I suggested ‘some full-scale Gertrude Jekyll borders with colour schemes based on J.M.W. Turner’s colour theory’
The herbaceous border in Greenwich Park is not a national disgrace
With regard to the 7th suggestion, I was thinking about the long border in Greenwich Park but did not mention it because the Giant Steps seemed more important. In 2013, The Royal Parks appointed Chris Beardshaw to ‘completely redesign the border’. I have often admired his work at Chelsea and am sure he did a good job for Greenwich. But there are lessons to be learned:
The quality of the long border is poor. This may because you can’t just ask an expert to design a herbaceous border. You need to expert to have responsibility for its management and review the design very frequently. It’s best to have the expert working on the border and thinking about it all the time. Is this plant doing too well? Why is that plant suffering? Would it be better if those two plants were not side by side? do those colours go together?
The Royal Parks Agency (as it used to be) lacked expertise in the design and the design history of parks, gardens and landscapes. So they probably did a poor job in briefing Chris Beardshaw.
The Royal Parks are really bad at involving volunteers in the management of parks and gardens. This is a tragic wasted opportunity for bringing in resources of mind and brain and involving the community.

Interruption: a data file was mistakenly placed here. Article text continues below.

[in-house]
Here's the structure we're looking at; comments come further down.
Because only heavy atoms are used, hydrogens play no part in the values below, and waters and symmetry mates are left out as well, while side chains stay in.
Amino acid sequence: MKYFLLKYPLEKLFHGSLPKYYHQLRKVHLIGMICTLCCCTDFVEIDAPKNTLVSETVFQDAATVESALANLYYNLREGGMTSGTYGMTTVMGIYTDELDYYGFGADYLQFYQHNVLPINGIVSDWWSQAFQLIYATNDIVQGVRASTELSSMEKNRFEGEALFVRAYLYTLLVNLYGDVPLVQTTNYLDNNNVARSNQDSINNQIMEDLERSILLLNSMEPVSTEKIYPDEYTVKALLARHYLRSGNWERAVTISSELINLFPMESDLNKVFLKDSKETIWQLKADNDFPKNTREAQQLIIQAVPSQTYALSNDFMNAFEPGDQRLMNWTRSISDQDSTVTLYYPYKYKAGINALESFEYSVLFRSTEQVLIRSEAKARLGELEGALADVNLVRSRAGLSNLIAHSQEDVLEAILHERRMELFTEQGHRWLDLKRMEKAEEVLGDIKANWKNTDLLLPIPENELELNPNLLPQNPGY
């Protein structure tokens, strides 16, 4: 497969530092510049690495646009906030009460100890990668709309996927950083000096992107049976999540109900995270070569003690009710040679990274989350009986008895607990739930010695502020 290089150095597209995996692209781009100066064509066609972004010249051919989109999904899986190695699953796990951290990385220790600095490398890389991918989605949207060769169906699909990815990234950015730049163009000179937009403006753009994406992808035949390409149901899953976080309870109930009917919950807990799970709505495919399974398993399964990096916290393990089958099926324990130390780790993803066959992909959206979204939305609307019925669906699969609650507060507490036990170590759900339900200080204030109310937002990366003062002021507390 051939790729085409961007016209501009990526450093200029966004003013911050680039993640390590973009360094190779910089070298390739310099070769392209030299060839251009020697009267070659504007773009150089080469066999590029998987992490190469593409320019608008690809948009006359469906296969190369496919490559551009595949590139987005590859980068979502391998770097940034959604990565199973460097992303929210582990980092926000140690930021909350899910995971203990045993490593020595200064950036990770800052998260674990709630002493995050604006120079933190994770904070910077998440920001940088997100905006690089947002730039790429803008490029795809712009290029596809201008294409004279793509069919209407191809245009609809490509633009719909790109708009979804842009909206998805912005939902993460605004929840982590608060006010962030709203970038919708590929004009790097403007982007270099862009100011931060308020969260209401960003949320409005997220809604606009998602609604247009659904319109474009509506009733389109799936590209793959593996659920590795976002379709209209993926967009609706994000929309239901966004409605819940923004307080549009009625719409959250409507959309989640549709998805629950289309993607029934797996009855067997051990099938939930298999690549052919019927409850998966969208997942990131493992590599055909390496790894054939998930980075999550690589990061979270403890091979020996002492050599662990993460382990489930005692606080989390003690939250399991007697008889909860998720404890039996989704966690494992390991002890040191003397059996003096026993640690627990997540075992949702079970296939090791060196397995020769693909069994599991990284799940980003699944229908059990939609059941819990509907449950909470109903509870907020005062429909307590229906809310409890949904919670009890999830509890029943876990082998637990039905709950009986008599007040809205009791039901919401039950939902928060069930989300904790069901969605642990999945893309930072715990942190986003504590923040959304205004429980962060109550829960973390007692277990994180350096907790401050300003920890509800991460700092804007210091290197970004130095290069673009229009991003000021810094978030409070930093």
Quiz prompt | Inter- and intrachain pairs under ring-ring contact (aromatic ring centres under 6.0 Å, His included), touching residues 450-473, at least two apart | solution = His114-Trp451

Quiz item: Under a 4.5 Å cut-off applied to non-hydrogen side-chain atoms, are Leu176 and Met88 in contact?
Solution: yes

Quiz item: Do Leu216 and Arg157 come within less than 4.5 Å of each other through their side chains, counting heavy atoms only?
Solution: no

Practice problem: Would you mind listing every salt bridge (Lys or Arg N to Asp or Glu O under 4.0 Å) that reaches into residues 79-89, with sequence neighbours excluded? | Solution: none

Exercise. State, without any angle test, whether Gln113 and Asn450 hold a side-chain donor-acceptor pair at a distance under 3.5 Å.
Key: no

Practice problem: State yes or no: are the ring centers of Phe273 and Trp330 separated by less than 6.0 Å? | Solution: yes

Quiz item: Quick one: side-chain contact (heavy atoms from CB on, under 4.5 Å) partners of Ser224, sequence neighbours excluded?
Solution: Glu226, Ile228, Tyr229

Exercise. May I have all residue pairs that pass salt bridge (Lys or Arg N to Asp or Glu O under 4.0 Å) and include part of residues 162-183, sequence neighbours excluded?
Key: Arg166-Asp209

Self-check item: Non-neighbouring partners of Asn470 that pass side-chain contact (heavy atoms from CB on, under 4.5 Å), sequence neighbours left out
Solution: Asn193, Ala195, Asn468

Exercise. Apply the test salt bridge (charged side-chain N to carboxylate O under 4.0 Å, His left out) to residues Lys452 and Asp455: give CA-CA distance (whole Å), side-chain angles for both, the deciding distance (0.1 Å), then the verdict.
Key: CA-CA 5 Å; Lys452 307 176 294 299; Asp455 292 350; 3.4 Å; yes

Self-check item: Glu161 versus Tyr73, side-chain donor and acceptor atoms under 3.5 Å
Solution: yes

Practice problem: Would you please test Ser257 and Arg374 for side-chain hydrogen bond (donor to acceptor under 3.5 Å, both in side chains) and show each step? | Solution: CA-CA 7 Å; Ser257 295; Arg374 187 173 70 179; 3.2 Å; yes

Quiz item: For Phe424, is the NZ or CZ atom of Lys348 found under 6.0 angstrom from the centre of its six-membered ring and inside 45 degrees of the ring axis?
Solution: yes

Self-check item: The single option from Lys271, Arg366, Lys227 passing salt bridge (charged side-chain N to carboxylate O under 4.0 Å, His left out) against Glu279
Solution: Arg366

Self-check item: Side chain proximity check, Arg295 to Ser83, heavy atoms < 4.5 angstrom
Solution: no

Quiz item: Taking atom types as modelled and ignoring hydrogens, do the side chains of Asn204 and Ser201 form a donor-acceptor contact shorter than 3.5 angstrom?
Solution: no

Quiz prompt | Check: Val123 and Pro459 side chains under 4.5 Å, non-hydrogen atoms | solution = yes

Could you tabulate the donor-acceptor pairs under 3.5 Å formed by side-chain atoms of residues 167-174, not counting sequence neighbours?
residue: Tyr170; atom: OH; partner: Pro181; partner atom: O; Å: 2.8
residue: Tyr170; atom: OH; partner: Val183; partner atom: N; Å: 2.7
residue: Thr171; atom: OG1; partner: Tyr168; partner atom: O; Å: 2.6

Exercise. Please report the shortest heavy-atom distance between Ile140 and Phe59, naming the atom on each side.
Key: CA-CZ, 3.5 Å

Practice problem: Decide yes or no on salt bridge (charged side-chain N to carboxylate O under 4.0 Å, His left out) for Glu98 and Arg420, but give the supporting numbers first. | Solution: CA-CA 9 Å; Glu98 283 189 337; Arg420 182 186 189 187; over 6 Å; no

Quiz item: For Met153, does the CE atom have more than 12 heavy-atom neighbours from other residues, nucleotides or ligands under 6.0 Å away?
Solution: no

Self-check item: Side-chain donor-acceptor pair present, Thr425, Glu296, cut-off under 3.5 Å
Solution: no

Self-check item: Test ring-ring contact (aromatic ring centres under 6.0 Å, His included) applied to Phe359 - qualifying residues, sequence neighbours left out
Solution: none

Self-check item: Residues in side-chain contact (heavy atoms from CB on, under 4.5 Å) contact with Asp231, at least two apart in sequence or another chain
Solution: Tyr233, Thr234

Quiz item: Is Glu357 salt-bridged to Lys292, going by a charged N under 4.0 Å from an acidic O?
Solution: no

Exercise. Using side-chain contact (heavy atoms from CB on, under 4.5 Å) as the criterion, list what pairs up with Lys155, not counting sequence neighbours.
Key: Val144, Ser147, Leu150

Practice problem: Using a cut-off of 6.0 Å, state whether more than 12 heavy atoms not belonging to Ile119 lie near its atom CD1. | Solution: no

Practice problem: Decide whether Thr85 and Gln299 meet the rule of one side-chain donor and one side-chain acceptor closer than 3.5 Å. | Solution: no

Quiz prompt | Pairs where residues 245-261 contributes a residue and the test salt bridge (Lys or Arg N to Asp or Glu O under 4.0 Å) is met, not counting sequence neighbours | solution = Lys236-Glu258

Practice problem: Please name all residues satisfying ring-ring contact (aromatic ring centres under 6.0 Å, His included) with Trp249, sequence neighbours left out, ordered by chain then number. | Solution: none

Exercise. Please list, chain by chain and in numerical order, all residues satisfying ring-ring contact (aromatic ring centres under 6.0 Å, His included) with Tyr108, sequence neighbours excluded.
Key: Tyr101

Gertrude Jekyll’s brilliant idea for the colour planning of herbaceous borders has never yet been deployed at the large scale and superb viewing conditions Greenwich Park could provide
The garden court at Schlosspark Klein-Glienicke has a distinctly Reptonian character
Humphry Repton’s influenced landscape and garden design outside as well as inside the UK. I see his books as England’s most important contribution to the theory of garden design and landscape architecture. They were lavishly produced, opulently published and sought after by collectors. Foreign travel was enormously hard in his lifetime, not least because of the Napoleonic wars, and many people found out about the English style of making gardens from books. Among them was Peter Joseph Lenné.
The Klein-Glienicke garden has a domain of art near the house, a Brownian park and distant views of lakes and forests
The Schlosspark Klein-Glienicke in Potsdam Berlin was designed by Lenné with help from Prince Hermann von Pückler-Muskau. The latter invited Humphry’s son, John Adey Repton, to Potsdam. Though remembered as an architect, and not known to have helped with the Glienicke design, John was familiar with his father’s theories. The Glienicke layout shows clear evidence of Repton’s Landscape Style.
The Lion Fountain
Glienicke was planned with a Beautiful area near the house and a transition to a Picturesque park (in the Serpentine Style) and a Sublime background (the Potsdam lakes and forests).
After their republication by John Claudius London, Humphry Repton’s works had a wide influence on the English-speaking world and were a starting point for Frederick Law Olmsted’s practice and the development of landscape architecture as an organised profession. Repton also influenced UK town and country planning with the principles that:
cities should be compact
agricultural land should be protected from urban sprawl
national parks and natural parks should be protected from development
The garden is beautiful and secluded. But the Wallenstein Garden in the Czech Republic was made by a cold, egotistical and autocratic man. In his plays about Albrecht von Wallenstein, Friedrich Schiller wrote that